Examination of Witnesses (Questions 80
WEDNESDAY 7 MARCH 2001
VAZ, MP AND
Sir John Stanley
80. Minister, can you confirm that it remains
the policy of the British Government that Cyprus can have accession
into the EU as a fully-fledged EU Member State, notwithstanding
the fact that at the point she comes into the EU she may be still,
in political terms, a divided country?
(Mr Vaz) Yes.
Sir John Stanley: Thank you.
Mr Mackinlay: Following that up, how would it
work, because there is no precedent for that? If you look at Germany,
first of all, it was not the European Union, and my recollection
is that anybody who would get to the Federal Republic of Germany,
ipso facto, was in then the European Community. But, in
this case, if the Cyprus Republic, and their constitution claims
their territory to be the whole of the island of Cyprus, what
is our relationship to people who are in the North, who wish to
enter the European Union, to come and work, free mobility of labour,
will they be citizens of the European Union and deemed to be citizens
of the Republic of Cyprus? Because it seems to me that, what would
be the logistics for sort of saying, "No, you cannot"?
I do not know if I am explaining myself badly, but it is the case
of the Cyprus Government, the applicants, that their country is
the whole of the island, we admit perhaps the de facto
South, but, nevertheless, there might be somebody sitting in the
North who says, "Well, actually, I am very pro European Union"?
81. Minister, how do you identify such people?
(Mr Vaz) These are obviously problems. I am going
to ask Mr Featherstone to deal with the point on citizenship and
freedom of movement. But, before I do so, Sir John has stated,
quite clearly, and correctly, what the Government's policy is.
We want to see a united island joining the European Union, but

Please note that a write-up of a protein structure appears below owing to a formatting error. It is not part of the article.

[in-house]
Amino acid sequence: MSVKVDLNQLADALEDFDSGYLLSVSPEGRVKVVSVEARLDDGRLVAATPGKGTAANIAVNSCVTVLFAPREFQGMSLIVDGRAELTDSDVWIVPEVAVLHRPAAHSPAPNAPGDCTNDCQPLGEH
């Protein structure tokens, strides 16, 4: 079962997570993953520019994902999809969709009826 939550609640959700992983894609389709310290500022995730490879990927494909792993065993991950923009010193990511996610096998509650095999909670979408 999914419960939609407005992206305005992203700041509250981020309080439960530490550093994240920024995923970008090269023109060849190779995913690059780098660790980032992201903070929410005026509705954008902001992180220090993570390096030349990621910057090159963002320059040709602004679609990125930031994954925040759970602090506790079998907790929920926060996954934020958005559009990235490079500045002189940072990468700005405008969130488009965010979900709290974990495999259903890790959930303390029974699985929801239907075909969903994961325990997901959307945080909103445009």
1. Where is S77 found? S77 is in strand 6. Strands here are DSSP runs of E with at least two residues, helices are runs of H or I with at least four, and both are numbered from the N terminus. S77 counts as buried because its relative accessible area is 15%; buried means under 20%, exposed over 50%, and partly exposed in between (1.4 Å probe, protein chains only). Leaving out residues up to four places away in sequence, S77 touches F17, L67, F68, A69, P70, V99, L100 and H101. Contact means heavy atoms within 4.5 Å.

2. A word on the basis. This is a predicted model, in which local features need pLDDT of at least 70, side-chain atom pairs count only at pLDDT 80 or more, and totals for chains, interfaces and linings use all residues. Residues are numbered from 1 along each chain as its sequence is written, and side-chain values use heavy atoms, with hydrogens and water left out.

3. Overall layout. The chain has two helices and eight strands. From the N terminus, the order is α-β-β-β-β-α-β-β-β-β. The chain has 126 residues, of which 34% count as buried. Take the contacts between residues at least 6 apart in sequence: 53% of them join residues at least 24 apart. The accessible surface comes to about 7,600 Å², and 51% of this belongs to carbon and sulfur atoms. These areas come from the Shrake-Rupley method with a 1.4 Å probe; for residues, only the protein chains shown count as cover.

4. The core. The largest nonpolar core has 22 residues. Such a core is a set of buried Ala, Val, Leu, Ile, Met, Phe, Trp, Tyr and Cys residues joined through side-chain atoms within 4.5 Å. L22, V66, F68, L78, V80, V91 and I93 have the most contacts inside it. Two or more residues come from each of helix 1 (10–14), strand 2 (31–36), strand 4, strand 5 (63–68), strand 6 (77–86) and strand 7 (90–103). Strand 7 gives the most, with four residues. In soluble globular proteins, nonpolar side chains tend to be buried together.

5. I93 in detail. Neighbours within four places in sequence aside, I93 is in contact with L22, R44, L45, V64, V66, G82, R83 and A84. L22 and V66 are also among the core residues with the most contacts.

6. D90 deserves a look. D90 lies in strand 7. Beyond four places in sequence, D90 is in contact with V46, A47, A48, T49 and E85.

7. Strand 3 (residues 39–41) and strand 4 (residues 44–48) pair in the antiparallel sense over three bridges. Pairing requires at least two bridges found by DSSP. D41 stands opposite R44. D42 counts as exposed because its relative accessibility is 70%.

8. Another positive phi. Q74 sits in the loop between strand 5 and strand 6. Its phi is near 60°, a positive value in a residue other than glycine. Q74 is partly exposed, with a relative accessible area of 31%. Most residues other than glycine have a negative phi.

it is not a precondition, and, therefore, if it remains divided
at that point, it will still be admitted; and that, of course,
will create a number of issues that need to be resolved. Mr Featherstone,
I wonder whether you can assist Mr Mackinlay.
Sir John Stanley
82. You may just want to check, by a slip of
the tongue, you did say you wanted a united island to join the
(Mr Vaz) I can assure you it was an `s', not an `r'.
(Mr Featherstone) I think Mr Mackinlay's questions
are difficult to answer with any certainty, because, collectively,
within the EU, we have not discussed these hypothetical situations.
It is because of the very valid questions that have been asked,
that is one reason spurring us on to try to make sure that the
talks are successful, but, as the Minister has made clear, the
Helsinki conclusions have clarified that those settlement talks
reaching a satisfactory conclusion are not a precondition. How
that works out in the very specific areas you have raised is something
which has not yet been discussed in the EU.
Chairman: Before I go on to Sir David and another
matter, I think, Dr Godman, you wanted to talk on this theme?
83. Just very briefly, Minister. The question
of German concern, some of the free movements of labour, that
is causing great concern in Parliament, is it not? I seem to recall,
a few years ago, that the German gastarbeiter was placed
in an inferior position to other citizens of the European Union,
in that he, or she, was denied this freedom of movement amongst
countries. I can see something similar in relation to the accession
(Mr Vaz) This is a very important issue, and, of course,
has been raised, as Dr Godman has said, by the Germans. A paper
has been issued by the Commission this afternoon, and, indeed,
I think all I have seen is, Dr Godman, literally seen, the heading
`Executive Summary'; but what I will do is make that available
to the Committee, so that you can read it at your leisure. Our
position is that we understand what Germany is saying, that we
are actually not sure that the argument for a transition period
on this issue has been demonstrated. We will look at what has
been put forward, we will study what Germany has done, obviously,
we will study the paper that the Commission published literally
as I was on my way from the Foreign Office. We believe in one
concept, Dr Godman, and that is a concept of first-class citizens,
only one class of citizens in Europe.
84. But we accepted the second-class citizenship
of the German gastarbeiter and the French immigrant worker?
(Mr Vaz) You raise that point, but what we want to
85. I know, in a technical sense, they are not
citizens of those countries?
(Mr Vaz) Yes. What we want to deal with is this view